For me personally, I have thoroughly enjoyed living with and among colleagues and peers.  I get to discuss things that most Americans avoid – spiritual issues!  It’s a little like being part of an underground culture, without the persecution and oppression (thank God for that!).  For me, the community of faith is essential.  It’s what we are called to build.  It’s the embodiment of the Kingdom of God in our world.  It’s why I came here, and what I long to help develop and create.

This has been an exciting time for me.  I have learned from women and men who have great learning, who have devoted much of their lives to research and are handing that experience down to us -  not only on subjects like theology, history and languages, but also essential knowledge about practicing spirituality and self-care, and understanding human relationships in pastoral ministry.  McCormick’s instructors are some of the most interesting and caring people I have ever met.

I have also met some of the most enthusiastic and committed men and women as fellow students.  My hope for both our denomination and the greater Christian Church has grown, due to seeing and hearing from my peers.  What excites me is being able to share my vision, and hear the vision of others, which are often similar to mine.  It’s like “we get it” together, seeing our responsibility to social justice, to the transforming good news of Jesus Christ, to our stewardship of God’s creation, and to a greater sharing of love and fellowship to the world.  These students are my partners in a Christian movement of transformation of our world, from what it is to what God wants it to be.  While our callings and paths may diverge after this time together, we are linked in this great endeavor, and will carry one another from this place in our hearts and memories.

This is a transitional time for all of us.  Many come to McCormick with new relationships – new families, new spouses, new children…many come here after relationships end.   We also establish new relationships while we are here!  But most of us will go forth from here to someplace else; our time together is temporary, and we understand this.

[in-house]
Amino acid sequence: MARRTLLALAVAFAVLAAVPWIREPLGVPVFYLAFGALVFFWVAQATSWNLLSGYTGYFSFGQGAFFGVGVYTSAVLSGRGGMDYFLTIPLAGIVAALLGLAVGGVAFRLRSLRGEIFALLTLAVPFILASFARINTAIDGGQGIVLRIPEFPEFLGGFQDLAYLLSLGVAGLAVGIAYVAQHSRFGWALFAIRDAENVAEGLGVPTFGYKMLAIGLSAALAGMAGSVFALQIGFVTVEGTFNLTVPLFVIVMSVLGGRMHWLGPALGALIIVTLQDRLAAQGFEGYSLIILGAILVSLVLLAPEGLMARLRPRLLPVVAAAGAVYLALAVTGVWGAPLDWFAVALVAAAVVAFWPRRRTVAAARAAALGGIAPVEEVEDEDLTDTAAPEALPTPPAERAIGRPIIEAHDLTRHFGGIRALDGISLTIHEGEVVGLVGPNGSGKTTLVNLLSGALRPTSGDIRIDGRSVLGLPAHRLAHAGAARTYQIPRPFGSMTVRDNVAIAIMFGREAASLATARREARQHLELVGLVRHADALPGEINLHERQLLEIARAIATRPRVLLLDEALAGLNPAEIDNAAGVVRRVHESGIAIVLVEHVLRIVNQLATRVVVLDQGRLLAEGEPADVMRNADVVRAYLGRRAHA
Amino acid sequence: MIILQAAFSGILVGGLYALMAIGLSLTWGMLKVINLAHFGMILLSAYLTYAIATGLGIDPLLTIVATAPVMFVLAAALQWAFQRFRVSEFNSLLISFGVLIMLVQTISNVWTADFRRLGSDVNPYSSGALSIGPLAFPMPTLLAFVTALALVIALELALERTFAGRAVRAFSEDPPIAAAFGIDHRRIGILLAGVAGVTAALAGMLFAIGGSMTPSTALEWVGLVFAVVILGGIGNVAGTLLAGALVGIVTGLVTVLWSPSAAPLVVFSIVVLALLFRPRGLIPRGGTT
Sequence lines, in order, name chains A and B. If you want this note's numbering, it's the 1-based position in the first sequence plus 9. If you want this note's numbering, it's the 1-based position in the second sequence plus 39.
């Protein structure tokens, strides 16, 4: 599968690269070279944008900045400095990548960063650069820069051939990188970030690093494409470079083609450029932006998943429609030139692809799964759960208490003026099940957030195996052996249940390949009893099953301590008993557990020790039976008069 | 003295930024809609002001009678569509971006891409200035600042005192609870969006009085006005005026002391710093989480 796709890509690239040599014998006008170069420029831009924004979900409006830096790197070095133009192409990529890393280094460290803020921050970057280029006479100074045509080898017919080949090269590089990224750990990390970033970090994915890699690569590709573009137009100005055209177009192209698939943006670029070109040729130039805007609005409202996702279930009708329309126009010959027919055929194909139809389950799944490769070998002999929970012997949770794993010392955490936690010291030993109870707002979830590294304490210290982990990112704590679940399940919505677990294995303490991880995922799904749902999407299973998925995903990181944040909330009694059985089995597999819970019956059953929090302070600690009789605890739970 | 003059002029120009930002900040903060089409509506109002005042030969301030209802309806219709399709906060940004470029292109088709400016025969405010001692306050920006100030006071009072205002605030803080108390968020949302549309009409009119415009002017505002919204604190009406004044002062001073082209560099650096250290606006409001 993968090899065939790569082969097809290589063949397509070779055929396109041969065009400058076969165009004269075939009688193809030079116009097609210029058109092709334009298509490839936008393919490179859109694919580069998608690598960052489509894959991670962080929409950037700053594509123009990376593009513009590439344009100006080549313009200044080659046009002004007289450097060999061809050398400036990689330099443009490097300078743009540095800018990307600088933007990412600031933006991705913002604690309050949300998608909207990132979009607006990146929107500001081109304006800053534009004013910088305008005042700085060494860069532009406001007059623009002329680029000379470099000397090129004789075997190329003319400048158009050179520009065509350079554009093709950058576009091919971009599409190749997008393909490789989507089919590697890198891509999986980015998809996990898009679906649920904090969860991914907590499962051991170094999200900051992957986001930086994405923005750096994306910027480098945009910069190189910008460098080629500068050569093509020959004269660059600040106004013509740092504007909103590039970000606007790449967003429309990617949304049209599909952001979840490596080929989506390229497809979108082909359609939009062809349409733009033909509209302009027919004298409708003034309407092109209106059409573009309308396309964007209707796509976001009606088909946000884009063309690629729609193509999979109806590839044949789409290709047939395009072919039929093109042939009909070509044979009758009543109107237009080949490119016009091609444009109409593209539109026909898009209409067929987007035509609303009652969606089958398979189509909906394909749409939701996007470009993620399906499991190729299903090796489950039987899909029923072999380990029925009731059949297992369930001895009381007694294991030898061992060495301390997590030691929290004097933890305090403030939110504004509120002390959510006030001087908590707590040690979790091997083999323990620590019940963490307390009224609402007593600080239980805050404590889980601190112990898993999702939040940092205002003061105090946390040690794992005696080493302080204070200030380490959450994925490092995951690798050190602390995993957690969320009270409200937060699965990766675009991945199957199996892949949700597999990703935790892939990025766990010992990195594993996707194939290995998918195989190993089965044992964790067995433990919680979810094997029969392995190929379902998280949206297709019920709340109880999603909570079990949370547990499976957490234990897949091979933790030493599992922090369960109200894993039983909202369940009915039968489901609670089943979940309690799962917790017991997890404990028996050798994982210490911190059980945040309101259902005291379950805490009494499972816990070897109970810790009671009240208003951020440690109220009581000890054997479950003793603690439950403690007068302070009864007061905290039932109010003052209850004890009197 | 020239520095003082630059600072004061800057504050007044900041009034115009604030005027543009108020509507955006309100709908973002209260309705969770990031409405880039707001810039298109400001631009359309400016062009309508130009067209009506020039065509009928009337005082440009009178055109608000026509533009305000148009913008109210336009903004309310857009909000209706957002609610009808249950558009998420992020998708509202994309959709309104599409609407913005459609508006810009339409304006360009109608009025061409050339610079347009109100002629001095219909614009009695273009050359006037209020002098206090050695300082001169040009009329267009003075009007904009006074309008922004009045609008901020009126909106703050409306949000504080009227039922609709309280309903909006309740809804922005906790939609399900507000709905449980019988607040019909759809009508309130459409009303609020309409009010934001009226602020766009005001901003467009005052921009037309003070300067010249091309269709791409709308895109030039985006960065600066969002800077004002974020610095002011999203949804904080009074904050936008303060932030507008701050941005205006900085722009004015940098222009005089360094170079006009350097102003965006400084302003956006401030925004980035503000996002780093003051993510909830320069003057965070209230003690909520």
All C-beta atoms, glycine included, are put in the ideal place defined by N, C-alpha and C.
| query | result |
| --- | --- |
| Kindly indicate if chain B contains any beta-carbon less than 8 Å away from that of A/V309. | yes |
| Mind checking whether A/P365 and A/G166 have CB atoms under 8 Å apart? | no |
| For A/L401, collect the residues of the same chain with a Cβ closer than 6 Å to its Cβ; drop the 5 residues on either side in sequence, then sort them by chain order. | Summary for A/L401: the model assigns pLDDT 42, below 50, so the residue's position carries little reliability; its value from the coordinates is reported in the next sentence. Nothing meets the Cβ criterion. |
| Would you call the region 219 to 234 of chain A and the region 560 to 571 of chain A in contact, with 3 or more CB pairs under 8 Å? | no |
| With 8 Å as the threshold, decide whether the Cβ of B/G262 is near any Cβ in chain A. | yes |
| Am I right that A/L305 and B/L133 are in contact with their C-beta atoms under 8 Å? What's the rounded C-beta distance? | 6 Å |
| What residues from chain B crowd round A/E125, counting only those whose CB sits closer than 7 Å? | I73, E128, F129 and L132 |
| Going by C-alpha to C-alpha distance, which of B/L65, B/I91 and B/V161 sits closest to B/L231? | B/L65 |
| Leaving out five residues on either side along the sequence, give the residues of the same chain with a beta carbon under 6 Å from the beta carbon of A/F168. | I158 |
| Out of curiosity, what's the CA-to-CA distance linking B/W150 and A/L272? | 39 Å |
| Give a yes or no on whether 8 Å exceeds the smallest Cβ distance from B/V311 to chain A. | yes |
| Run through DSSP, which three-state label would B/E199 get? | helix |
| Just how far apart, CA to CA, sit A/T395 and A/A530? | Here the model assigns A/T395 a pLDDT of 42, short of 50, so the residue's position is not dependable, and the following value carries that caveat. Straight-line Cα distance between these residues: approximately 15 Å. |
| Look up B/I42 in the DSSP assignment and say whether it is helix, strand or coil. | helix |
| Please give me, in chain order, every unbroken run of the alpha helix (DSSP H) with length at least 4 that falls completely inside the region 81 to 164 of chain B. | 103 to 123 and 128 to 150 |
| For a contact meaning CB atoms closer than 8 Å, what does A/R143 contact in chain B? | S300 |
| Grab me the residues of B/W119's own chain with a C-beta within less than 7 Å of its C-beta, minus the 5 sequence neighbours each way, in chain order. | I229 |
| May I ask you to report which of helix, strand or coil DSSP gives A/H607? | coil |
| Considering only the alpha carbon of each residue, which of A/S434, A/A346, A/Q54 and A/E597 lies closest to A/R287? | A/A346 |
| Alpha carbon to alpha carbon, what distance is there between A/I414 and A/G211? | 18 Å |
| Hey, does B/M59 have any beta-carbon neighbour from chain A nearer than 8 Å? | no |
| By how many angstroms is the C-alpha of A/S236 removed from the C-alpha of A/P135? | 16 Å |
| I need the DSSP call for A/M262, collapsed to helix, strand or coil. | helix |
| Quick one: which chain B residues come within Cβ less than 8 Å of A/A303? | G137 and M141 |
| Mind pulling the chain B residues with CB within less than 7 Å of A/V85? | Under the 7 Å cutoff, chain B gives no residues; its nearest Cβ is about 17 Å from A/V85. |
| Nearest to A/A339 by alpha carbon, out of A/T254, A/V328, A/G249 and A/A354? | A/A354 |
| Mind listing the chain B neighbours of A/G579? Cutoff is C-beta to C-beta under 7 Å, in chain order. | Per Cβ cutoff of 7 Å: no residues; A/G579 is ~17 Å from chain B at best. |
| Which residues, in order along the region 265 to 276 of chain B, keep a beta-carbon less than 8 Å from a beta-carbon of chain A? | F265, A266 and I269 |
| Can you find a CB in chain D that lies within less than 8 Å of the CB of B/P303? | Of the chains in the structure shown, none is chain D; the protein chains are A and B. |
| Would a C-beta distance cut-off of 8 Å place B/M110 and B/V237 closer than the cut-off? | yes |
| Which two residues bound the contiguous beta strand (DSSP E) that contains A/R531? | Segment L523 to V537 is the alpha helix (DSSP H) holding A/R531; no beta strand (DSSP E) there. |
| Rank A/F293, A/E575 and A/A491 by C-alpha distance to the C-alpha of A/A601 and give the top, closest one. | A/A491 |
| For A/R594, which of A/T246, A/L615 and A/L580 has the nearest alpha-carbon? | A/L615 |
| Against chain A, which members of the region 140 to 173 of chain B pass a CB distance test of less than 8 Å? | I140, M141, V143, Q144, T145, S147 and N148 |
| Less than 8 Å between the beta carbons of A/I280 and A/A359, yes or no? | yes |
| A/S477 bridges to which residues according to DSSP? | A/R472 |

Even so, whether permanent or temporary, life is all about relationships.  People will come and go in our lives, some for longer periods of time than others, some affecting us more than others.  Some become relationships we call family, and some become our spiritual family.  McCormick is an institution devoted to helping us grow and develop our relationships with God and one another.  To me, this is the most important lesson we can ever learn.  Our relationships define us, and affect our families, our churches, our societies, and our world.  Even temporary relationships are important, and can change us permanently.  Relationships are like any other growing and living thing – they must be nourished and attended to in order to thrive.  We must be intentional in our interactions with one another, in order to make our relationships positive ones.

My family is changing, as all families do.  Two of my children are in college, and my youngest is applying for college.  My wife has returned to college. Seminary and college are each a preparatory and transitory phase in most of our lives.  My children are moving on with their lives.  My wife and I will move on from here as well when I am finished with my studies.  While this is not my last year, the day is coming when I will finish and leave McCormick.  I will likely grieve having to leave, because I love being here.  But this is a preparatory phase, not a final destination.  There is a larger objective for us outside McCormick.

I sometimes think of McCormick like a sort of cyclotron – a particle energizer which accelerates subatomic particles towards the speed of light.  The more I learn, the more I accelerate, and the more energy I absorb, it seems.  Sometimes I am anxious to burst forth and do what I came here to be equipped to do – ministry!  I love being here, but I am also ready to be sent forth, like the disciples of Jesus.  The day for me to go forth is coming quickly – life moves fast, as my family life has shown me.